From my experience in attending I-CAR classes, it’s my opinion that if you’re an experienced tech, manager or owner, you’ll already know about 80 percent of the material that you’ll hear in an I-CAR class. I estimate that, on average, 20 percent of the instructed material will be new to you or will be things you already knew, but presented in a different light that will benefit you.
But not attending a class because you already know most of the content isn’t a good idea. You don’t know what you don’t know.
You may have to say that out loud to yourself.
You don’t know what you don’t know. Case in point: Right around the time of the introduction of MIG welders (OK, I’m old), we had a Corvette in for repair that had backed over a parking pole. Along with the cosmetic damage, the rear cross member was severely damaged and had to be replaced. We drove the ’Vette into a stall, did the necessary body repairs, cut out the damaged cross member, installed the new one and welded it in with our new MIG welder.
Unfortunately, neither the technician nor management had any formal training in MIG welding (just the instruction given by the jobber) so they didn’t disconnect the battery in the Corvette before welding. The result was the car wouldn’t start, and it took three days and $800 to replace the computer inside of the right front kick panel which burned out from the electrical charge conducted through the car by the MIG welder. It was an experienced tech who did the repairs unfortunately, an experienced Know-It-All tech.
In the most basic MIG welding classes today, one of the first things they tell you is why you must disconnect the ground cable of the battery before MIG welding. But Mr. Know-It-All didn’t need instruction because he’d been repairing cars for 15 years. To make matters worse, the owner of the shop yours truly didn’t enforce training because he, too, was a Mr. Know-It-All.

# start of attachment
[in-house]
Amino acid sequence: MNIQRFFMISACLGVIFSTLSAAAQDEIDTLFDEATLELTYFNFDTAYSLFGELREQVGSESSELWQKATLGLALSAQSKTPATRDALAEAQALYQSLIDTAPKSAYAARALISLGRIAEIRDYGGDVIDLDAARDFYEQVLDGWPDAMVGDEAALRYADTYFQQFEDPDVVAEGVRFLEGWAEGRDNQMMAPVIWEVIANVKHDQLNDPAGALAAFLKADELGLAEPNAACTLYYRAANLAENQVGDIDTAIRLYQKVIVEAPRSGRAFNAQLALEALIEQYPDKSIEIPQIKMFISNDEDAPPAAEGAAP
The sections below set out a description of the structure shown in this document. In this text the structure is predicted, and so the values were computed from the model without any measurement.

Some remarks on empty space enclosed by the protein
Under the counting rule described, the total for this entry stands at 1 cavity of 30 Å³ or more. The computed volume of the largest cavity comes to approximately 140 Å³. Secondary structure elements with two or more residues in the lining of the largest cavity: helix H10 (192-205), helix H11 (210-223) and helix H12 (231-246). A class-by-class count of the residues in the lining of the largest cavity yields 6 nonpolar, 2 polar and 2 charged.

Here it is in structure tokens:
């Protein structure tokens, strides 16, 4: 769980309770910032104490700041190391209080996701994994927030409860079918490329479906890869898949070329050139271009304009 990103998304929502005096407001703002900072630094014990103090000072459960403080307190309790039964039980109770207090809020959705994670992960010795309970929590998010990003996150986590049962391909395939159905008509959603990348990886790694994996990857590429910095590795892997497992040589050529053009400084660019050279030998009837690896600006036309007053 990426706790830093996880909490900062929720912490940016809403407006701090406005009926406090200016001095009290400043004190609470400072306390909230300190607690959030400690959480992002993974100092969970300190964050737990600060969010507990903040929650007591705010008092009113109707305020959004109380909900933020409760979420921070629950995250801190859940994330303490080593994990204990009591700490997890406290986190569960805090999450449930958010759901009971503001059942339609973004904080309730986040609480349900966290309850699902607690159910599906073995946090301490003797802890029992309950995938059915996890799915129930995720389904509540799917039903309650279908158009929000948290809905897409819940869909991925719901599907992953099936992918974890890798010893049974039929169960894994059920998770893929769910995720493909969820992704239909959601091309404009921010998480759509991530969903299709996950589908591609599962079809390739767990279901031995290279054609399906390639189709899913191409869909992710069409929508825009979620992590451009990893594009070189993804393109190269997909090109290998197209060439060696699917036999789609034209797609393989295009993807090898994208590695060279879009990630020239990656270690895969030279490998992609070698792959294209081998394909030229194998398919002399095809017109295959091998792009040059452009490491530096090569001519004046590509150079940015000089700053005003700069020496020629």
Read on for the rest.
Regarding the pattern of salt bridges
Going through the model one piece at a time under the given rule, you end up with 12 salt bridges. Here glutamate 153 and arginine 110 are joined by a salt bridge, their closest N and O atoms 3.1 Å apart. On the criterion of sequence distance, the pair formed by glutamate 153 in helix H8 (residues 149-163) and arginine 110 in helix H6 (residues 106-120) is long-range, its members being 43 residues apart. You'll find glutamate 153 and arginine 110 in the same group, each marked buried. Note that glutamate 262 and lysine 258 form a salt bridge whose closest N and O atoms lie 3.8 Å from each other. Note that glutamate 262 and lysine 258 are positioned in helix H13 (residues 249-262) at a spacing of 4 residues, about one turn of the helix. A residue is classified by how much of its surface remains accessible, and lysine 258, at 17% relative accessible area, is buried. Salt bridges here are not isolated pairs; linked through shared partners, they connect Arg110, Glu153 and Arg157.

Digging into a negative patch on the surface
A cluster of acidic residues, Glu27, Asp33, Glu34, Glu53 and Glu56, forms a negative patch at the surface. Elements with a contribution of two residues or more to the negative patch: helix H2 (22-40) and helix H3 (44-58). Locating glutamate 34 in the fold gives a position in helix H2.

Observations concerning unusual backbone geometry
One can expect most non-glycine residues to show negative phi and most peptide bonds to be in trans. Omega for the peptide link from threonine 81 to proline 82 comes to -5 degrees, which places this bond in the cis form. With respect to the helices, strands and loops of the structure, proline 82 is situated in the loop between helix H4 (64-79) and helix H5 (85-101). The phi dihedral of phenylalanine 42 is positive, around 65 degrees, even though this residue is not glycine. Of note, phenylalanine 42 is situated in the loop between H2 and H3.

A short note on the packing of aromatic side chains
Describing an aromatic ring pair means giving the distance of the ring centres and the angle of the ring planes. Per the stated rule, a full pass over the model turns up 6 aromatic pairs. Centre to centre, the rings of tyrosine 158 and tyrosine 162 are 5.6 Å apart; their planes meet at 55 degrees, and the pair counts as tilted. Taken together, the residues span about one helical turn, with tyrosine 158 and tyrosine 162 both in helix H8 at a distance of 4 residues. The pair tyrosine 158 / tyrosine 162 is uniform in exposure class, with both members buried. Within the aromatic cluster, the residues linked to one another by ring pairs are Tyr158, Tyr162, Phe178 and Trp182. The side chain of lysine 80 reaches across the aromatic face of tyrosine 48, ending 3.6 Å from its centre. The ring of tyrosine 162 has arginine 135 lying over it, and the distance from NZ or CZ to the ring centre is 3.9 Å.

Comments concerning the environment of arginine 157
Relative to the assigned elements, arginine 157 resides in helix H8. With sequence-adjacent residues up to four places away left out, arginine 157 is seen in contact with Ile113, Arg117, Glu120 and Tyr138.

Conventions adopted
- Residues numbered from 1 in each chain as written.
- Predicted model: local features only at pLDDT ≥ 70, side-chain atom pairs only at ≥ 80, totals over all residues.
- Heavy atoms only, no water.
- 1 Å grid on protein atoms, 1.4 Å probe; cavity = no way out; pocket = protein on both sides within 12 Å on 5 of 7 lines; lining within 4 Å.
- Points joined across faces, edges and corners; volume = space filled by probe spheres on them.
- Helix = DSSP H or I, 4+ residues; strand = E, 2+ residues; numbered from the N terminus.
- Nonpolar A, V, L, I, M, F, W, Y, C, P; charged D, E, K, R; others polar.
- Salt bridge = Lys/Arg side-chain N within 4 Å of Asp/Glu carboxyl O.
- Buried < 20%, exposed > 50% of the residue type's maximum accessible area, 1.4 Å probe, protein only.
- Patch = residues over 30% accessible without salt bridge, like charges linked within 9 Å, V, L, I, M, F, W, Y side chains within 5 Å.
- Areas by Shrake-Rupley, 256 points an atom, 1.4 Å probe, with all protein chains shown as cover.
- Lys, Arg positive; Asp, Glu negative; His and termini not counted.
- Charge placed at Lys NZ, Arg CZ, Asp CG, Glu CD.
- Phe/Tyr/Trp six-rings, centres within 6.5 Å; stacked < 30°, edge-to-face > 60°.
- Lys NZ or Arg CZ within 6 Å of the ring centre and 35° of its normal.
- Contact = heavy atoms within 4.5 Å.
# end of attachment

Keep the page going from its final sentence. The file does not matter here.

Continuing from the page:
Here it is, 2005, and still too many technicians who we hire say they’ve never attended an I-CAR class. They are, however, in the minority, and that’s a positive change from years ago.
If you’re a shop owner, it’s to your immediate benefit to provide training opportunities for your technicians because a quality class with a quality instructor should provide immediate benefits your company.
A class on corrosion protection will immediately improve the quality of your finished product. A class on hazardous materials/personnel safety greatly increases your odds of surviving an inspection by the EPA or OSHA. A fault code and diagnostics class along with a scanner could mean not having to send a vehicle out to repair a “check engine” light. And because the detailer is the last person who has his hands on the finished vehicle before the client sees it, how much better could your product be if your detailer attended a detailing class?
As for the cost of the training, there are several ways shops handle it:
1. The technician pays the full cost and is fully reimbursed after X amount of months with the company.
2. The company and technician each pay half the cost.
3. The company and technician each pay half and the technician gets reimbursed after X amount of months with the company.
4. The company pays the entire cost of training.
Especially considering the shortage of quality technicians, any one of the above arrangements is better than doing nothing.
As for any technicians also reading this article, I have a real good suggestion for you (and it applies to every trade): Never pass up free or partially-paid training. Never. At the very least, it becomes part of your résumé and the knowledge goes with you wherever you may go.
If you make your living doing collision repair and your employer is willing to go for at least part of the freight to give you something that others have to pay hundreds even thousands of dollars to get, you’d have to be a fool not to take it.
Even if you get home late.
Writer Richard V. Brigidi handles site development for CollisionMax, a collision repair company with multiple locations specializing in insurance claims on late-model vehicles.